Families can be joyous, but they can also be messy—figuratively and literally. Part of this comes down to parents needing to learn on the go, and part of it is because we are not always the people we wish we could be. Each of us is incomplete, so marriage involves two incomplete people walking the hard road of discipleship together through their marriage. We are like great big chunks of stone, awkward and not easy to deal with, waiting for a master sculptor to chisel away everything unnecessary so that only the ‘masterpiece’ is left.
This is the conviction of Matt MacDonald, counsellor and psychotherapist, whose practice and approach to people are formed by this idea. When visiting Florence, he went to see Michelangelo’s David, but to his surprise, it was not the David that struck him most but the unfinished sculptures he saw on the way towards it.
‘Michelangelo talked about looking at the marble, and he could see in the raw stone what he wanted to create, and all he had to do was remove the excess,’ Matt says. ‘And you could see it in those unfinished stones. The figures looked as though they were breaking out of the stone. It was magnificent.’
This left a deep impression on him, reinforcing the idea that each person is an unfinished work. He explains:
Our life is a co-creation between us and God. We’re the two artists working on ourselves. The decisions we make, and the impact other people have on us, they’re all chisel movements in the creation of something.
From a young age, Matt was always fascinated by the idea of the infinite, and the idea that there is something more to us than what meets the eye, something spiritual. He was drawn back to practising his faith by St Teresa of Avila, a saint he describes as being very ‘psychologically perceptive’, and in whose writings he sees clear parallels with modern psychotherapists such as Carl Jung and Viktor Frankl.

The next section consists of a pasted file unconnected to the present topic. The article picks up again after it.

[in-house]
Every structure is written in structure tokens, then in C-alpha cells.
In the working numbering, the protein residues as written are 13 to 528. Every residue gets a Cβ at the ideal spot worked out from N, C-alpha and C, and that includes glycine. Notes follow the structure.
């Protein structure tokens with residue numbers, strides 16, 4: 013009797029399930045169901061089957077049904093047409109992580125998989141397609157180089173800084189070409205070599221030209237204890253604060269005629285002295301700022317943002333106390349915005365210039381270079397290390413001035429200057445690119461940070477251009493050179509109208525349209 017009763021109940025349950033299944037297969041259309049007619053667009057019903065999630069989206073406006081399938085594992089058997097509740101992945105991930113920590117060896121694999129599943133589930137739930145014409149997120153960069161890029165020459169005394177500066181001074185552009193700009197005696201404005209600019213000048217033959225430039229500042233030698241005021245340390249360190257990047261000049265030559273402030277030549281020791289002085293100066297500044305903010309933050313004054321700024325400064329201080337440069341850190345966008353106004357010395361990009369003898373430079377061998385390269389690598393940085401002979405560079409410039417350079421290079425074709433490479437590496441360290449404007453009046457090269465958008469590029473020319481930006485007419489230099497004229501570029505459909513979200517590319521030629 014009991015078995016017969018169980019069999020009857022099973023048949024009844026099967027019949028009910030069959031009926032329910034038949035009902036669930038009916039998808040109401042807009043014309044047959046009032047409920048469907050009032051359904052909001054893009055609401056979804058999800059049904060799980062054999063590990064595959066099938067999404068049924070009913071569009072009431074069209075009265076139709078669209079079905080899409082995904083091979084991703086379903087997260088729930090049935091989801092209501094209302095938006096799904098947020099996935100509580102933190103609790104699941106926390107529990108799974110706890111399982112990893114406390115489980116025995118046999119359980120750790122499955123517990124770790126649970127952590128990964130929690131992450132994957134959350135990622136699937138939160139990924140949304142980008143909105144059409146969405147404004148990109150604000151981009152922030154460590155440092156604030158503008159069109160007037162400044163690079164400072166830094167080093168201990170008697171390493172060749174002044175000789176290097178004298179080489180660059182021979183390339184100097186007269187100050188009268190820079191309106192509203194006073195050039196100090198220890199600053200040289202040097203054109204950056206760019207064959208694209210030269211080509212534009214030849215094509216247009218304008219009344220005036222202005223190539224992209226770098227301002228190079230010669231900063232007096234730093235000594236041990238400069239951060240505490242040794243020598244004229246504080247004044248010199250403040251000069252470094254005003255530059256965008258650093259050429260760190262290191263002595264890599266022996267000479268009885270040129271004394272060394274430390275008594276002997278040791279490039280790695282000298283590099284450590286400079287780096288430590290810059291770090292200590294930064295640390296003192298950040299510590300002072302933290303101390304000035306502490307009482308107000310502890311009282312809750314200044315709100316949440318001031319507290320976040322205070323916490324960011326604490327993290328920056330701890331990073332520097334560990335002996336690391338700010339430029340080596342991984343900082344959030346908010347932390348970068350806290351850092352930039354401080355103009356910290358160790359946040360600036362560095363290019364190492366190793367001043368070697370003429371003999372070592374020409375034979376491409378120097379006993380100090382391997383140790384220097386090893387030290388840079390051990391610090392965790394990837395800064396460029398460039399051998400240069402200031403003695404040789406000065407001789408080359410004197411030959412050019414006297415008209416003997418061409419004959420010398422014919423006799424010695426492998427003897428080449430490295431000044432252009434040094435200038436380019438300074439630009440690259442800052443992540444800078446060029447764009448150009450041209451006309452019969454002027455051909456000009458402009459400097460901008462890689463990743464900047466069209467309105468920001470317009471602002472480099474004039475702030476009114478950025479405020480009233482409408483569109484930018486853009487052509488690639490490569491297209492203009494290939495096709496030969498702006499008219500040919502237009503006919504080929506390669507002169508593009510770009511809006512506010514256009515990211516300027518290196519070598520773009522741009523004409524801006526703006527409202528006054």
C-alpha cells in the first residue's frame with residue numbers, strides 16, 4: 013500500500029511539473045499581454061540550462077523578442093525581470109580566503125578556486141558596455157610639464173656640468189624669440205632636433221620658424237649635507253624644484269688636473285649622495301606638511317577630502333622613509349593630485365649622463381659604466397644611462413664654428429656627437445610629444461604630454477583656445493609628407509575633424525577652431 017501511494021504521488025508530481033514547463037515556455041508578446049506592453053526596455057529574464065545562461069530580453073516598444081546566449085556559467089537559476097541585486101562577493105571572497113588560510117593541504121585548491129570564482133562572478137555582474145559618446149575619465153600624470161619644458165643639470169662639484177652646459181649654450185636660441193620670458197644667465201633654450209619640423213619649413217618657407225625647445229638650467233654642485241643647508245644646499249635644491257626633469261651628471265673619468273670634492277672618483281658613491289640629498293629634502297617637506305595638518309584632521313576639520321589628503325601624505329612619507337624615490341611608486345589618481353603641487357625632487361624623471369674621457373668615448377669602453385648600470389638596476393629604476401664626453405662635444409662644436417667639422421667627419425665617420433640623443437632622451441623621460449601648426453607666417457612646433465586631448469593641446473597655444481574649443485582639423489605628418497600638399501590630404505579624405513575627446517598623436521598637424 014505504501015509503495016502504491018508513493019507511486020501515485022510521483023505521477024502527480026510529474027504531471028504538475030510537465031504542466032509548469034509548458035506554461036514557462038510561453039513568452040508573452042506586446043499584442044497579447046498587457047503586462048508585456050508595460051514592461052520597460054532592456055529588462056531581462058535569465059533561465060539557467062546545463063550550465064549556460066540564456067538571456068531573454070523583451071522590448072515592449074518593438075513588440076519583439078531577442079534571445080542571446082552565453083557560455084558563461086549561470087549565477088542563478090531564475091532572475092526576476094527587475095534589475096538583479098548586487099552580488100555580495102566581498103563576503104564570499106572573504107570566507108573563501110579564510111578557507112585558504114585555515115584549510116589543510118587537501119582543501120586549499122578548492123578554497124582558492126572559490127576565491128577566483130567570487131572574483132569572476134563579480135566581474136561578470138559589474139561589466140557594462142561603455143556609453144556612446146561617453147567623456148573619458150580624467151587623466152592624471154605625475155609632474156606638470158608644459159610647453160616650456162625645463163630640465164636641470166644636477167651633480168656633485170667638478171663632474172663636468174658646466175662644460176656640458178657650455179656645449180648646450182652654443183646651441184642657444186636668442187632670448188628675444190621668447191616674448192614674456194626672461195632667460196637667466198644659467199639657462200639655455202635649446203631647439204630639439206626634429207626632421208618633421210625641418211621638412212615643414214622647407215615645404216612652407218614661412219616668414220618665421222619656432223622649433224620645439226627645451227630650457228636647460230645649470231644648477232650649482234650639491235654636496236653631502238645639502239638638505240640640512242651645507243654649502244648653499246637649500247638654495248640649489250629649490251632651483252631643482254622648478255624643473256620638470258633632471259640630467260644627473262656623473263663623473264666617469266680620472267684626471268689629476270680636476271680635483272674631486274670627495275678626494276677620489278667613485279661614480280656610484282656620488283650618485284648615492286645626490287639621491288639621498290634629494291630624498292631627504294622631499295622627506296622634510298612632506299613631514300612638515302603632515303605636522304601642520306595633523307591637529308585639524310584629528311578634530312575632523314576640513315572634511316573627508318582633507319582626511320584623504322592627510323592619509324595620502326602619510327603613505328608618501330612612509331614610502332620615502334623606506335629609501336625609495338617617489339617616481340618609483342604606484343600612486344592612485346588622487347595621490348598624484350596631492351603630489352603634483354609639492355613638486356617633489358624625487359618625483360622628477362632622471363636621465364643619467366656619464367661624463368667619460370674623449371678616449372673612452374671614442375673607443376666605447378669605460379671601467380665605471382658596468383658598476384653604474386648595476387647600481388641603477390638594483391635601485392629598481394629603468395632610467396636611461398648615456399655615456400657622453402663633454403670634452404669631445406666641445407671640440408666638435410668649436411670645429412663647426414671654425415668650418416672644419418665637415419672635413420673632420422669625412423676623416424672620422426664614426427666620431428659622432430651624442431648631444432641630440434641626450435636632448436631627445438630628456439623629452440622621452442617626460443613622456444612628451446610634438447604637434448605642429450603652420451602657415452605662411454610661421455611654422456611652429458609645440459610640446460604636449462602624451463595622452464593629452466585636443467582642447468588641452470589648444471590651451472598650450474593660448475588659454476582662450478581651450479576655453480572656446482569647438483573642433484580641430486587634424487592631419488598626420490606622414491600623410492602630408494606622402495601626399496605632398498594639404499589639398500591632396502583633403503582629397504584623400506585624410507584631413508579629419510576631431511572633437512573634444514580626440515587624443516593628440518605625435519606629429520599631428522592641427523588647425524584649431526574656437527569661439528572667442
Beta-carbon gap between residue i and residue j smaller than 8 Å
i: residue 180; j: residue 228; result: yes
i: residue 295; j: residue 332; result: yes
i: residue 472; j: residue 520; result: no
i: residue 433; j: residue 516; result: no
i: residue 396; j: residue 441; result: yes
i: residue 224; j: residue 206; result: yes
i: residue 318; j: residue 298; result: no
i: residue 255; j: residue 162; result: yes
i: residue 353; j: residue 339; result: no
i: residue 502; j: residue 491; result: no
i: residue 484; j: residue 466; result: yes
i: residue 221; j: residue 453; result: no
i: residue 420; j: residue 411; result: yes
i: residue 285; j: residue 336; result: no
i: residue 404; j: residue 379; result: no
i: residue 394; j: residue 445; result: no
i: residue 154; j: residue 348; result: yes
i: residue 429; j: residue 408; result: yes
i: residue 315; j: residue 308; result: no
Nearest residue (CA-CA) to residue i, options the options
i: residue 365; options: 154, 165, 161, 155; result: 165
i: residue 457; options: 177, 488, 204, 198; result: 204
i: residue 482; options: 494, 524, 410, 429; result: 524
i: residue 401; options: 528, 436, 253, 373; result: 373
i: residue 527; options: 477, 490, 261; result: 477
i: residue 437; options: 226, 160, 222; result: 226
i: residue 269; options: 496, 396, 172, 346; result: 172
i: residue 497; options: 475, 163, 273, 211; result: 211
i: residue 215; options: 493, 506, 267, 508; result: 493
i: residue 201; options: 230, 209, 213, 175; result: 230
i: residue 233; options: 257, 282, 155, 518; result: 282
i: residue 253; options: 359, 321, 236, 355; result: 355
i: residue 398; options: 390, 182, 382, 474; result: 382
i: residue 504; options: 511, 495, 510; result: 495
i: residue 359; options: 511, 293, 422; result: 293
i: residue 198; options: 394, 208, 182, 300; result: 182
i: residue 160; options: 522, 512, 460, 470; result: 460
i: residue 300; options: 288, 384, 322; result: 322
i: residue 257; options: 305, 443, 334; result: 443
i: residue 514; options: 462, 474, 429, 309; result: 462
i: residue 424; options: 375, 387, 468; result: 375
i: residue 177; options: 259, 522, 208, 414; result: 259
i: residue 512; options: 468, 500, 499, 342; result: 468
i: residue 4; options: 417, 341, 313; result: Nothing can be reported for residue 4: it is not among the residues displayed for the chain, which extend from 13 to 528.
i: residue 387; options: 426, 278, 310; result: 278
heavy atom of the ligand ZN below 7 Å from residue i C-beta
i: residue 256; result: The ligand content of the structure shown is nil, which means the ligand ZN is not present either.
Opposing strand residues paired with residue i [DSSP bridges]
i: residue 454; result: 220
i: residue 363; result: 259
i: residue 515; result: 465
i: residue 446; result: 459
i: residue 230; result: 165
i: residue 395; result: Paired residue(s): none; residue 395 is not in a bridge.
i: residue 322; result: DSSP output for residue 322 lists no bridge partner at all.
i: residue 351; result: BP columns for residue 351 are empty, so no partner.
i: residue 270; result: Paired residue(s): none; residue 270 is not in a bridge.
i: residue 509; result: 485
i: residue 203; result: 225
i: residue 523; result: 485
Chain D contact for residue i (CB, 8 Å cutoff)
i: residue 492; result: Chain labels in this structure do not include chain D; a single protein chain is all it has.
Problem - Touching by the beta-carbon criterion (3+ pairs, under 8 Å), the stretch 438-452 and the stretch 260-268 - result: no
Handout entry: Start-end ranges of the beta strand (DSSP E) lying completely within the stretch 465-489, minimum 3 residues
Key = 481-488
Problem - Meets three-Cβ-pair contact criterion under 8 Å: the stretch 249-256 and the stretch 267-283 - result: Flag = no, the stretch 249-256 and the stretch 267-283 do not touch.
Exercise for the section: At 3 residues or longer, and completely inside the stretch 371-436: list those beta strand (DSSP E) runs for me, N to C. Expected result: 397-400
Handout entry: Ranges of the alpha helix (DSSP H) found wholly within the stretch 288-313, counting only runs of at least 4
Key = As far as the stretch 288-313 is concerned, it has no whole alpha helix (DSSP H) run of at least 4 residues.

Indeed, Matt believes there is much about modern psychotherapy that resonates with Catholicism’s approach to the human person, especially as articulated by Pope John Paul II. ‘It all locks in so beautifully,’ he says, which is helpful because having a grasp of the theology of marriage, family and sexuality isn't always enough; it doesn’t always translate into practical strategies for navigating the messiness of everyday life, especially the tensions that can arise as two incomplete people try to live out their marriage together.
Sometimes we need the practical approach of counselling and psychotherapy. Sometimes we need help pointing ourselves in the right direction.
The first clear parallel between modern psychotherapists and the Church’s mystical tradition concerns the idea of going on an ‘inner journey’. Pope John Paul II spoke often about our ‘interior world’, observing how a person's inner life distinguishes them in clear ways from other animals. St Teresa of Avila, writing in the 16th century, spoke about the ‘interior castle’.
‘Understanding oneself is so important,’ Matt says, ‘and that’s an interior journey. That’s also what any good psychotherapist does: guide people to exploring the interior, especially the bits they’re avoiding.’
Viktor Frankl was an Austrian psychiatrist and survivor of Auschwitz whose ideas about psychotherapy have become very influential. He is most famous for his book Man’s Search for Meaning, an account of both his time in the concentration camp and his theory that what drives people in a most basic sense is the need for meaning and hope.
As Matt explains, though, Frankl goes even deeper than this, arguing that we shouldn’t treat the human person two-dimensionally.
If we treat the human being as just psychological and material, we haven’t understood a thing because we’re spiritual. We have an infinite dimension to us. And you can never ever heal a person entirely unless you look at all three dimensions.
But modern psychotherapists also recognise the way our relationships form us. We cannot understand ourselves in isolation but only in relationship to those around us.